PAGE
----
What does Paul Gilroy means when he argues There ain t no black on the Union Jack ?Racism is a broad topic. It covers a large area of the human mind and an expanse of society that includes culture, morals, and power. It affects those of the same culture and religion. The term race has no biological basis, yet some may attempt to differentiate between the biology and politics of racism. Racism has been defined, as a belief that race is the fundamental element of human attribute and capacities. Racism, this essay would argue, can be seen as marginal to the normal processes of life and endorses the view of black people as an alien presence.Gilroy illustrates the complexity of racial politics in England today. Exploring the relationships among race, class, and nation as they have evolved over the past twenty years, He highlights racist attitudes that transcend the left-right political divide, and challenges sociological approaches to racism. Gilroy demonstrates effectively that cultural traditions are not static, but develop, grow and change, as they are influenced by and adapting other changing traditions around them. Essentially Paul Gilroy argues that the form of Naturalism present in Britain is a celebration of England and Englishness or Britishness, and this systematically excludes Black People (page 12). Black people are seen as a problem; the core reasoning of racism, and victims incapable of active, considered behaviour. Paul Gilroy deplanes the separation of race issues from the social and political processes; he fevers his argument through the key issues of race and class, black community and the law, anti racism and black expressive culture.This essay seeks to outline Gilroy s main argument towards understanding what is meant by this exclusion for Black Britians.Questions of race and racism have come to occupy a central role in political debate in Britain in recent years. At one time definitions seemed to be straightforward; today many social scientists have defined race as a human group, which is defined by other groups as different by virtue of innate and immutable physical characteristics. These physical characteristics can be viewed as being intrinsically related to morals, intellectual, and other non- physical attributes. 1Antony Flew, (1992) argues that the characteristics by which the individual is seen as different are strictly superficial. He writes that factors such as pigmentation, shape of skull and skin are all on the surface. In other words, we are all the same beneath the skin. Gilroy challenges the absolute definition of race and values issues with Marxist analyses of class. Marx s views on power assumed a class structure with a foundation that is based on economic dominance of capitalist employers and property-less workers. He believed that Politics and the state reflected this structure. Marx viewed Governments to be a coercive model of authority. Many would argue that a fundamental part of the British system is based on class structure. Marx also stated that power originates primarily in economic production, he claimed that it permeates and influences all aspects of society. Marx suggested that the main wielders of social power are social classes, and government is essentially servant of the dominant social class. Gilroy views Marx s class analysis as accurate, by the assumption based on the factuality that certain institutions of British society such as the civil services, judiciary, and the armed forces are all run by the elite (page 27). Furthermore, until quite recently it excluded black people from its hierarchy structure. Gilroy sees this as a crisis for the representation of black people. The state emphases racial categories and therefore a struggle against racism are a struggle against the state. The problem of what connects one anti-racist element to the next is not recognised as a substantive political issue (p.144).Contemporary racism is rooted in national decline rather than imperial expansion. However, ties such as the trade union struggles and traditions of anti-colonial struggle have helped to form a black social movement that is not part of the traditional class struggle Anti-racism has become a program of affirmative actions to be realised by administrative means and a political phenomenon. Socialism has lost many of its 19th Century assumptions regarding the superiority of some cultures to others. However, most black people have a concrete grievance that is not specifically about race. Instead of biological essence, cultural differences such as family relations, housing, education and employment are considered as being the cause for any lingering inequalities and social disadvantages of the ethnic minorities. This can be seen in the report by 2 The Office for National Statistics (1996). The report shows that black, Indian and Bangladeshi unemployment rates are three times higher in comparison to whites. The CPAG (1990) concluded that every indicator of poverty showed black people to be more at risk than, white people to homelessness. This is due to high unemployment, low pay, shift work, poor social security rights and because they were more likely to be treated for Schizophrenia. 3Furthermore, studies have shown that 52% of black people are more likely to be diagnosing as schizophrenia, in comparison to 13% of white British. This could be due to different referral rates to hospitals by GPs or other psychiatric services. However, Hollingshead & Redlick (1958) found a much higher level of mental disorders in most unskilled and low social classes than skilled, clerical, professional and managerial classes. One might not expect any major differences in the distinction of mental illnesses e.g. schizophrenia and depression according to class or race. Nevertheless, due to the vulnerability of black & minority ethnic groups to homelessness, high unemployment and low pay etc., the findings could be support that they are more likely to be treated for schizophrenic because of racial segregation.However, Gilroy argues that black people who actually experience this type of discrimination are not always fully represented in society except as the objects of experts discussions. It is this conjecture, which forms the background for Gilroy's book. Gilroy wishes to break the alternating current of racism between problem and victim status, an opportunity that he considers as lying in the possibility of representing a black presence outside these categories (page 13). Such a presence is to be located by looking at the history of race as an active category in the cultural concept. If anti racism is to succeed it must stop treating black people as victims and bring them into the debate as being fully capable of making choices about their own liberation.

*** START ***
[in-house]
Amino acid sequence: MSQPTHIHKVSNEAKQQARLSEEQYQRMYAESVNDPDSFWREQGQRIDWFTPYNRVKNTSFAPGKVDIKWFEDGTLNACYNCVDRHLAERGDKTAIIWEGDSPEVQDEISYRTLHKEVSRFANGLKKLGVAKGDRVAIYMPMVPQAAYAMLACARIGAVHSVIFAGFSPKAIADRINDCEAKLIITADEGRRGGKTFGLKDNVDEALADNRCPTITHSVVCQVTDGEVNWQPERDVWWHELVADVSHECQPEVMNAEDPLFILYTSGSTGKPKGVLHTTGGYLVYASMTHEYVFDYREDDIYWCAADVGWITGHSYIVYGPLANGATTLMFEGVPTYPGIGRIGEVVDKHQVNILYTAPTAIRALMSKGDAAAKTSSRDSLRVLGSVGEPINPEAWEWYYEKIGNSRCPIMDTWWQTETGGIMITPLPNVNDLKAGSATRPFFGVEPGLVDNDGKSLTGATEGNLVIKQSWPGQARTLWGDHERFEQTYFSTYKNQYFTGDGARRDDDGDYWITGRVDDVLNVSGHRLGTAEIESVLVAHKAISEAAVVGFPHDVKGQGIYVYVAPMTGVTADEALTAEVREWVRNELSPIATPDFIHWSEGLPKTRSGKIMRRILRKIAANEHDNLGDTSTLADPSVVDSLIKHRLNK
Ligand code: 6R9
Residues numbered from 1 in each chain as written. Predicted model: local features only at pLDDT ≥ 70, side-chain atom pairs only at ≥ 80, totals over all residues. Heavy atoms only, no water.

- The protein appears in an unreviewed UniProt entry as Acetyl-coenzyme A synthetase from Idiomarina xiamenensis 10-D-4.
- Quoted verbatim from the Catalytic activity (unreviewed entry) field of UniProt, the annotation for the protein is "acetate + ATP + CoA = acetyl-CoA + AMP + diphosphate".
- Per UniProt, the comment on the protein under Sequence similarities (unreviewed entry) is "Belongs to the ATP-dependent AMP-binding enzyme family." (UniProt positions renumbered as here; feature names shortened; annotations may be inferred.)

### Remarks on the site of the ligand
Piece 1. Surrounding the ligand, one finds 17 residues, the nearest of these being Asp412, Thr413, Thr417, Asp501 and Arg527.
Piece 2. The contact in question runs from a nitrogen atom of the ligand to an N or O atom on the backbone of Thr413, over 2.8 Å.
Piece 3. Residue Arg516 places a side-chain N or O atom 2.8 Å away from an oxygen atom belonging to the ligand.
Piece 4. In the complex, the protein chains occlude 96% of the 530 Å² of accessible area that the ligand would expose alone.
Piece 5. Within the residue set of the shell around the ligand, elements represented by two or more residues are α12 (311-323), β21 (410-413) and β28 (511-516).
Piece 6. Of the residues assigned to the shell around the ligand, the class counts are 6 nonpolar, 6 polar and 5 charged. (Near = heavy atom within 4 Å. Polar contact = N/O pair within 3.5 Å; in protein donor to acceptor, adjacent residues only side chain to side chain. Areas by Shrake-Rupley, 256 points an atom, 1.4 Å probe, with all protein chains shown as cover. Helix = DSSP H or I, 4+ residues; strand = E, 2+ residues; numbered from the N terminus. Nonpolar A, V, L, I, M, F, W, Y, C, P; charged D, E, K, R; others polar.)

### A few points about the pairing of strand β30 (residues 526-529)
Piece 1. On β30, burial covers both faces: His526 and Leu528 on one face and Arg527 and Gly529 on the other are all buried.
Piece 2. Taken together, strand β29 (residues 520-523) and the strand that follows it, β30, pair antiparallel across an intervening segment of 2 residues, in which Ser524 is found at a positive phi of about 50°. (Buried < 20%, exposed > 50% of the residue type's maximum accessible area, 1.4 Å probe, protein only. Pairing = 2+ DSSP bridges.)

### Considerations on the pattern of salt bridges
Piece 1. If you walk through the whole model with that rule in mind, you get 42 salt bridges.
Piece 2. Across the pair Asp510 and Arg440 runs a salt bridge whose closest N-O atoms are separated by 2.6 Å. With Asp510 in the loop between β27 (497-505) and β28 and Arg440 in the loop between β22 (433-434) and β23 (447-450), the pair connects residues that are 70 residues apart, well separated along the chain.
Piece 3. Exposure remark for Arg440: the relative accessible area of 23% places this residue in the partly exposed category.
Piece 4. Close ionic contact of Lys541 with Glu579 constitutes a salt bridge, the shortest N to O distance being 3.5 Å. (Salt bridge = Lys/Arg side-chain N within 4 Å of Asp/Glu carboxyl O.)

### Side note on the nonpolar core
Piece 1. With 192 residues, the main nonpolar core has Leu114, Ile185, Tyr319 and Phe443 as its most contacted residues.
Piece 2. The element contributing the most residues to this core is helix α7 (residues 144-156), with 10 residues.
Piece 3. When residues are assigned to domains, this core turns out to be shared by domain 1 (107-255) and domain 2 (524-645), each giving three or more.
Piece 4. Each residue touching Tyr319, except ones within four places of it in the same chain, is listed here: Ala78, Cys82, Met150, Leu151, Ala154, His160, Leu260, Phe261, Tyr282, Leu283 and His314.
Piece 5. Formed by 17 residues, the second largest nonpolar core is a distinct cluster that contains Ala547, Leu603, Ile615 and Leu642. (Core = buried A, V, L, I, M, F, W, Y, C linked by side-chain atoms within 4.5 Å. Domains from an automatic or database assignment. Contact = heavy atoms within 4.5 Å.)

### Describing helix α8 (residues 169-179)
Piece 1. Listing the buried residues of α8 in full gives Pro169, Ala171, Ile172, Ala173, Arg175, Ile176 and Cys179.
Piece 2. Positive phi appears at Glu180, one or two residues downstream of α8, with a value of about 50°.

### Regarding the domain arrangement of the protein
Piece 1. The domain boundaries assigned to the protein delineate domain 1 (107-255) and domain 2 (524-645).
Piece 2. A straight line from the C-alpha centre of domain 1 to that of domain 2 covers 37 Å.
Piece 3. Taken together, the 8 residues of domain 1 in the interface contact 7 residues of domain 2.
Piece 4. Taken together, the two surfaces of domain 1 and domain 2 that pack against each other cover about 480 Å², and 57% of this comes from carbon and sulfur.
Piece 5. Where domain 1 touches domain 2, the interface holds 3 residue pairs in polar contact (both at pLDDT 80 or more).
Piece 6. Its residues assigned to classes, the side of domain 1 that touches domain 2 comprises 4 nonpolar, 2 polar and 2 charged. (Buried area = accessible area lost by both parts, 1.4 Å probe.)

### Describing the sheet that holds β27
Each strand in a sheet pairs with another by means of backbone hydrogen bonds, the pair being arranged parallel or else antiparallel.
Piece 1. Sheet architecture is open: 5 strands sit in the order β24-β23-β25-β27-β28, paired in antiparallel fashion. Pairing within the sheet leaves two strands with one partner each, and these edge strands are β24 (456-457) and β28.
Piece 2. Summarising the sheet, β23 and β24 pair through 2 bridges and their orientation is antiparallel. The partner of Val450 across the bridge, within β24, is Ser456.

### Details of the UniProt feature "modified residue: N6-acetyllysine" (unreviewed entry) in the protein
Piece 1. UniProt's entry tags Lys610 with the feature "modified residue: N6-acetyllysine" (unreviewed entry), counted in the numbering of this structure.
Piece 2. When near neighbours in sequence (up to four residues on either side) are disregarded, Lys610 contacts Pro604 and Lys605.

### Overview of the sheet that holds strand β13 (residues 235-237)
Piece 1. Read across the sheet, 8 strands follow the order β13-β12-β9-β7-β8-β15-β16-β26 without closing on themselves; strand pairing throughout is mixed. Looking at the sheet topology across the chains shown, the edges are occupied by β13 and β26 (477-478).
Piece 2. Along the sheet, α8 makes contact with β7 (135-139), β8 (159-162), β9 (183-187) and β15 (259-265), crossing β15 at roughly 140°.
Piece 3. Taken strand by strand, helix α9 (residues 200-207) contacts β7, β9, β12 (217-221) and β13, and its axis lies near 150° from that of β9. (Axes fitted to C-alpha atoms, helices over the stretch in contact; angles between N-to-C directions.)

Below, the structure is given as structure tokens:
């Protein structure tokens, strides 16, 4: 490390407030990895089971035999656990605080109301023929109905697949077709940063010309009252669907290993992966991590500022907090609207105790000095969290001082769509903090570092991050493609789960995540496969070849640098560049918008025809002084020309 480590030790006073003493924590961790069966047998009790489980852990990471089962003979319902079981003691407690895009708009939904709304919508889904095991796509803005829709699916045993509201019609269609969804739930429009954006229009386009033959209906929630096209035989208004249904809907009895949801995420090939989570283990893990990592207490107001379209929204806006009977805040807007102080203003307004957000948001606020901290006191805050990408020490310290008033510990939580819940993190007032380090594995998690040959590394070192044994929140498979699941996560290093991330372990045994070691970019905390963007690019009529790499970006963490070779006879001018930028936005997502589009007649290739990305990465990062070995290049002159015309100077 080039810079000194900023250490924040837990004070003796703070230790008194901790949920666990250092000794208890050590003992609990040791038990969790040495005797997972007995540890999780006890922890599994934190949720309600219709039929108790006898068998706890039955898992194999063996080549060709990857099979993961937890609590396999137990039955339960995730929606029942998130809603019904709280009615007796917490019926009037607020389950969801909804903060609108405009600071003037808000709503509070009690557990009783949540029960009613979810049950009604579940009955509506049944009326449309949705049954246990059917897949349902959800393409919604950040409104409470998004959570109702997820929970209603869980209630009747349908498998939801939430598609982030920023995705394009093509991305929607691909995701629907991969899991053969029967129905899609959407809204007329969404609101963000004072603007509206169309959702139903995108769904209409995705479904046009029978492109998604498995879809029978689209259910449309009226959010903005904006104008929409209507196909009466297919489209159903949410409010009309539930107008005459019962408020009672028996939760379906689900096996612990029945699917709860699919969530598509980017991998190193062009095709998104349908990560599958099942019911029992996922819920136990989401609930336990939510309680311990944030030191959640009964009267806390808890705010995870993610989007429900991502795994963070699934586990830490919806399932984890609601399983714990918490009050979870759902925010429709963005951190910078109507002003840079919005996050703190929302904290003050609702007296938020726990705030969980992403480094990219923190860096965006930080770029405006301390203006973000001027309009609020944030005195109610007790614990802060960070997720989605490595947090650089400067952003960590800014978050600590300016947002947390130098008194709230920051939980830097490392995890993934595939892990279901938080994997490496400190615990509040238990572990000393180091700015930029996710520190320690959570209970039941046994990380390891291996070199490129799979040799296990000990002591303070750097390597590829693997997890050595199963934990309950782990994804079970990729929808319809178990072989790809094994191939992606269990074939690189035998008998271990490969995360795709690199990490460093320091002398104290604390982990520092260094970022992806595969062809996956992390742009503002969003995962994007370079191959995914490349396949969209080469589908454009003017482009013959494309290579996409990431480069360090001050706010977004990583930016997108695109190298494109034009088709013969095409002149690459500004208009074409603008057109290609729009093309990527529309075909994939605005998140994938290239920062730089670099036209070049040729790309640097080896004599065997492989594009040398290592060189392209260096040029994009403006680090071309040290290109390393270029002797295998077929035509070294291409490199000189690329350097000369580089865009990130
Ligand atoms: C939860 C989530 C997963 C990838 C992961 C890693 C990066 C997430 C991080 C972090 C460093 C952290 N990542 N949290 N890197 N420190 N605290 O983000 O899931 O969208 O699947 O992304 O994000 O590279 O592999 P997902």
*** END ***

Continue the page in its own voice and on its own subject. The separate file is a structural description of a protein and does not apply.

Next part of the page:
Gilroy uses effective illustrations to support his arguments from studying anti racism leagues such as, rock against racism, and the Greater London Council anti-racism campaigns, of the late 70s, and the strategies of labour local authorities after 1981 about which he is largely critical. He considers Rock against Racism to have displayed a resolution missing from the Anti Nazi League, Rock against Racism had allowed space for youth to rage against the perceived iniquities of Labour authorities. The Anti Nazi League commensurate racism and fascism, representing the National Front as a false nationalism which threatens the purity of parliamentary democracy. Gilroy argues that Culture does not develop along ethnically absolute lines, but in complex, dynamic patterns of syncretism in which new definitions of what it means to be black emerge from raw materials provided by black populations (p13). Gilroy talks about exclusion, but in his discussions of black expressive culture, he examines the black social movement. Black expressive culture for Gilroy is an achievement for Black people, which draws its influences from black America as well as the Caribbean and has had drastic influences in urban Britain (p.68). Especially through its youth culture, this can be seen in style, dance, dress, language and music. However, the black cultural movement, through its plurality, is outside the nation state. Its struggle involves the community and locality as well as race.Gilroy suggests that this is a poor modern version of anti racism struggle and uses the riots of Broadwater Farm (1988) as examples.He also points to the Scarman report (1981) which seemed to set the seal on black exclusion by referring to black struggles in terms of family structure and lifestyle that creates a predisposition towards violent protest. The law is at the core of the nation state and represents national identity. Gilroy argues that Black people are however seen as a problem. Black crime is seen as part of black culture, black criminality is seen as proof of the incompatibility of blacks as British. Gilroy discusses the evolution of race as a policing problem, one largely missing until the rise in mugging in the middle 1970s. In 1985, Sir Paul Condon triggered a row when he urged ethnic community leaders to recognise that young black males were responsible for most muggings in London. Roger Graef et al. argued that racist attitudes are wide spread among police officers. He concluded that the outlook of the police was actively hostile to all minority groups. Roger Graef argument can be backed by studies from 4The Institute of Race relation which shown that black people form over one quarter of all stops and searches in the Metropolitan police area. The report also shows that stop and searches have increased by 21% from 1996/97 to 1997/98. Furthermore, the report also claims that the black people are 7.5 times more likely to be stopped and searched and 4 times more likely to be arrested than white people. It could be argued that police stop and search can be seen as a convenient method of policing, especially in inner city and black areas. However, given the nature of the police as an institution, and the racism within the British society in which it operates, stop and search is bound to be seen in a racially discriminatory manner.Gilroy debates that Urban disturbances in Britain since 1976 are seen as a race problem. An example of this is the summer of 1981 when Brixton became the scene of rioting which was put down to racial tension in the inner-cities. However, it could be argued that in all these cases of race rioting, (Brixton) white people were involved and it was more of a community struggle than a racial war which goes to support Gilroy s argument of poor example of modern anti racism.Gilroy argues for a radical overhaul of class in the league of race. Gilroy s argument holds a strong point for black people and Marxist views on the class structure such as when we look at the top jobs held in British society such as: bank managers, judges and company directors, where black people seem to be left at the bottom of the ladder. Black people need to be a part of the British social class and treated as equals in all aspects of British life. Gilroy would like issues of race to become part of the social and political process, and not separated from them. This essay argues that the British society believes they are all united by a common culture but are separated by language. The truth is that the British have adopted much of the ethnic minority language but have failed to understand how different the cultures are. Nevertheless, the British find confirmation of their culture and the superiority they feel they have gained over the black population. Yet, they live their lives in a wash of bizarre practices to which they are blind to other cultures.Black British define themselves as a Diaspora (which goes to show that they believe themselves to be a part of the British society and are dispersed all over Britain) and have already influenced white urban audiences in urban Britain. Anti racism needs to take the possibilities of black struggle aboard, they need to understand black people and their culture and include them more in the British society. However, Barry Richardson wrote, To be black in Britain today is to be different from being white. Differently valued, differently treated in a thousand ways .British national identity as represented by its national flag, persists in excluding Black Britians. Gilroy s argument There ain t no Black in the Union Jack presents a powerful argument to illustrate this.Paul Gilroy s book is probably intended for an academic audience but is of immense interest to the everyday reader who has an interest in the everyday struggles of the black people in British society. More specifically, Gilroy is trying to clear away the harsher class analysis in beating back the social stereotype of black Britains. He finds temporary, historical, and economic awareness of racism as signs, which show a healthy expressive culture refusing mediation and creating urban spaces within which the black identity can be created and preserved.